July 22, 1742- Jonathan Sherman, son of William Sherman & Dorothy Russell, marries Susanna Gifford in Dartmouth, Massachusetts.
(Jonathan Sherman is my third cousin 8 times removed. Our common ancestors are Thomas Lawton & Elizabeth Salisbury.)
Faneuil Hall, located near the waterfront and today's Government Center, in Boston, Massachusetts, has been a marketplace and a meeting hall since 1742. The edifice was home to merchants, fishermen, and meat and produce sellers, and provided a platform for the country's most famous orators. It is where colonists first protested the Sugar Act in 1764 and established the doctrine of "no taxation without representation." It was the site of several speeches by Samuel Adams, James Otis, and others encouraging independence from Great Britain. Now it is part of Boston National Historical Park and a well-known stop on the Freedom Trail.
After the project of erecting a public market house in Boston had been discussed for some years, merchant Peter Faneuil offered, at a public meeting in 1740, to build a suitable edifice at his own cost as a gift to the town. There was a strong opposition to market houses, and although a vote of thanks was passed unanimously, his offer was accepted by a majority of only seven. Funded in part by profits from slave trading, the building was begun in Dock Square in September of the same year. It was built by artist John Smibert in 1740–1742 in the style of an English country market, with an open ground floor serving as the market house, and an assembly room above. According to Sean Hennessey, a National Park Service spokesman, some of Boston's early slave auctions were located near Faneuil Hall.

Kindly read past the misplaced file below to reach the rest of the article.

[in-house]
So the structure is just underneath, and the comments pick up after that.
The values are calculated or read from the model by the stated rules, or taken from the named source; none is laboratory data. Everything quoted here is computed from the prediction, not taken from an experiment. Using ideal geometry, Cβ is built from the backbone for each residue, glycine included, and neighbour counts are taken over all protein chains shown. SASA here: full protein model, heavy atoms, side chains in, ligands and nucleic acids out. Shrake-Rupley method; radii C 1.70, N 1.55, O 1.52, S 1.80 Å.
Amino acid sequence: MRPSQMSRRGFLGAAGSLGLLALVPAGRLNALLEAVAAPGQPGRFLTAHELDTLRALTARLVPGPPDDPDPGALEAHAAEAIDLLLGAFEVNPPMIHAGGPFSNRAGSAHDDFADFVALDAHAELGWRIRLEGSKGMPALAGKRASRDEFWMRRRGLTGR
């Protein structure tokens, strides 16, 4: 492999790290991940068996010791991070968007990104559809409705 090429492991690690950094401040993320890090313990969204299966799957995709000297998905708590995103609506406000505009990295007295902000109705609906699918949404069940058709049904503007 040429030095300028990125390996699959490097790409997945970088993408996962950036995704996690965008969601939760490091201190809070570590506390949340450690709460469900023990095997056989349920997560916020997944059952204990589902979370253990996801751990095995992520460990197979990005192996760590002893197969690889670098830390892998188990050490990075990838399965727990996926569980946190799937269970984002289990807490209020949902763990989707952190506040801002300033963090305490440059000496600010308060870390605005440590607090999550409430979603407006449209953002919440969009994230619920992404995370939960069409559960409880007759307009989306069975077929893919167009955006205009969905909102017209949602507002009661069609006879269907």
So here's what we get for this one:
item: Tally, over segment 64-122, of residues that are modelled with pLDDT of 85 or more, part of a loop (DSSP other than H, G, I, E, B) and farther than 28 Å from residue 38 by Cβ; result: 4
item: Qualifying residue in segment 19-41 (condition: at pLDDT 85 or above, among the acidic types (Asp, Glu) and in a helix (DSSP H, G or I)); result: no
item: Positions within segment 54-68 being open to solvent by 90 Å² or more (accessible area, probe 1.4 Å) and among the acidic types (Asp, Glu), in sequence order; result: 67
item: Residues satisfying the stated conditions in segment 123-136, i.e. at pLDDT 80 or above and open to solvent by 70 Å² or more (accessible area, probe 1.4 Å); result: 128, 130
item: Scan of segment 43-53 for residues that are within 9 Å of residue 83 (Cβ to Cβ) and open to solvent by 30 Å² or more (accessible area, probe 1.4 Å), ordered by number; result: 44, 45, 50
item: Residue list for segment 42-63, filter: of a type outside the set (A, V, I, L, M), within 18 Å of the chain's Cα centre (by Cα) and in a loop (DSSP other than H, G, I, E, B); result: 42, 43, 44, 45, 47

The grasshopper weather vane on top of the hall is a well known symbol of Boston; see the section "Grasshopper weather vane," below. Knowledge of the grasshopper was used as a shibboleth during the Revolution period. The people would ask suspected spies to identity the object on the top of Faneuil Hall; if they answered correctly, then they were free; if not, they were convicted as British spies.
Through the years, Faneuil Hall has played host to many impassioned speakers, from Oliver Wendall Holmes and Susan B. Anthony to Bill Clinton and Ted Kennedy, always living up to its nickname, "The Cradle of Liberty."